Mountains and rivers are very significant for the Chinese people. In this country, there is a cultural awareness that says mountains are “virtuous” and rivers are “moral.”
I was inspired to carry out this project after reading the novel Rivers of the North by Zhang Chengzhi. The book is written in a stream-of-consciousness style and its story follows the paths of many rivers across China. Attracted by the powerful words of the novel, I decided to take a walk along the Yellow River in order to find the root of my soul. Along the way, the calm flow of my mind became flooded with the hectic thoughts and ceaseless stream of reality. I felt a profound pessimism.
Nevertheless, as a vast country with a long history, China’s future is always bright. The country has food for its people and the power of creation that can cultivate strong citizens. From this point of view, it seems, the future is optimistic.
Trying to balance these two sides, my new work explores the landscapes of China, capturing the ecology of its magnificent natural phenomena. The tiny human figures, insignificant when set against the vast natural forms, are inspired by Chinese artistic tradition. My aim is to create a modern point of contact for our contemporary and sociologically concerned eye.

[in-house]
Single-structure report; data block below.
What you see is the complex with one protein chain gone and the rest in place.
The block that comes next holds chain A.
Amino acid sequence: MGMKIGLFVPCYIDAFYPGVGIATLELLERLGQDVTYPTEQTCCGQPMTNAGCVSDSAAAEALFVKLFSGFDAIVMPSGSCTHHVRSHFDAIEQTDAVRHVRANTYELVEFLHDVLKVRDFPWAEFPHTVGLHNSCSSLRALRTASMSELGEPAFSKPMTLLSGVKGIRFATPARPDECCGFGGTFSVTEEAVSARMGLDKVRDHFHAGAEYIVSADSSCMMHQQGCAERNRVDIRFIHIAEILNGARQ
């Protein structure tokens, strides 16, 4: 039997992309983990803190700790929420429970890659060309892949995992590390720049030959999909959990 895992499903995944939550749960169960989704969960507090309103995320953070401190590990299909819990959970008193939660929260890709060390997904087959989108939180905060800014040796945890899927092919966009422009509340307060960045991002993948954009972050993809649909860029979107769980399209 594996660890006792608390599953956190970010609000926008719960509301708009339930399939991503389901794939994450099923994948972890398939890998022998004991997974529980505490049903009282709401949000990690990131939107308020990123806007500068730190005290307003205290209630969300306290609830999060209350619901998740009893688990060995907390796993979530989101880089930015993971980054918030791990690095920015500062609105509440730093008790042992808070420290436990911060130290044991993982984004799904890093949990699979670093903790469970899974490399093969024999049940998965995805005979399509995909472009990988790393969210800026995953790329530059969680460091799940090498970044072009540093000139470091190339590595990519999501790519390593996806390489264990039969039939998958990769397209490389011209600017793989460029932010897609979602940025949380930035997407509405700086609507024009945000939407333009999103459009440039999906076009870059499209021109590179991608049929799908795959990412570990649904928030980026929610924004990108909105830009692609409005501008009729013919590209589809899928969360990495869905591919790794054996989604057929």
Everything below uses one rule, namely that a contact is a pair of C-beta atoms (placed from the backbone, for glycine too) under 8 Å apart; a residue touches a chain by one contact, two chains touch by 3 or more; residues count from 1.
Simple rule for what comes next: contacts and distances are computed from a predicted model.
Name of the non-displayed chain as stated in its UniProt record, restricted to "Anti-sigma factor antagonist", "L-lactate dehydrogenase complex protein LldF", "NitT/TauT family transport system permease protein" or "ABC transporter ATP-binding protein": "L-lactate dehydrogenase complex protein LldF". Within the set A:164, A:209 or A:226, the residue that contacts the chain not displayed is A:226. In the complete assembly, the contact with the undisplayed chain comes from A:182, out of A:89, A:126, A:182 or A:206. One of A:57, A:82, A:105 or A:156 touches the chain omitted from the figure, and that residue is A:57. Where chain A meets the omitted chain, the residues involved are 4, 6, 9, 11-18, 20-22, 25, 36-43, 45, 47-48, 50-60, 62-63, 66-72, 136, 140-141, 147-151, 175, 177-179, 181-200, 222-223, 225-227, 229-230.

Editors’ note: Kechun’s project Between the Mountains and Water was a finalist in the Magnum Photography Awards 2017. Read our full article on the project and discover more inspiring work from all 41 of the winners, finalists, and jurors’ picks.
If you’d like to see more work like this, we’d recommend the following articles: Mother River, a project that journeys the 6,200km length of the Yangtze River; Yangtze: The Long River, an award-winning landscape series by the celebrated portrait photographer Nadav Kander; and Full of Null, one of the world’s most populated beaches, captured here in its eerily silent off season.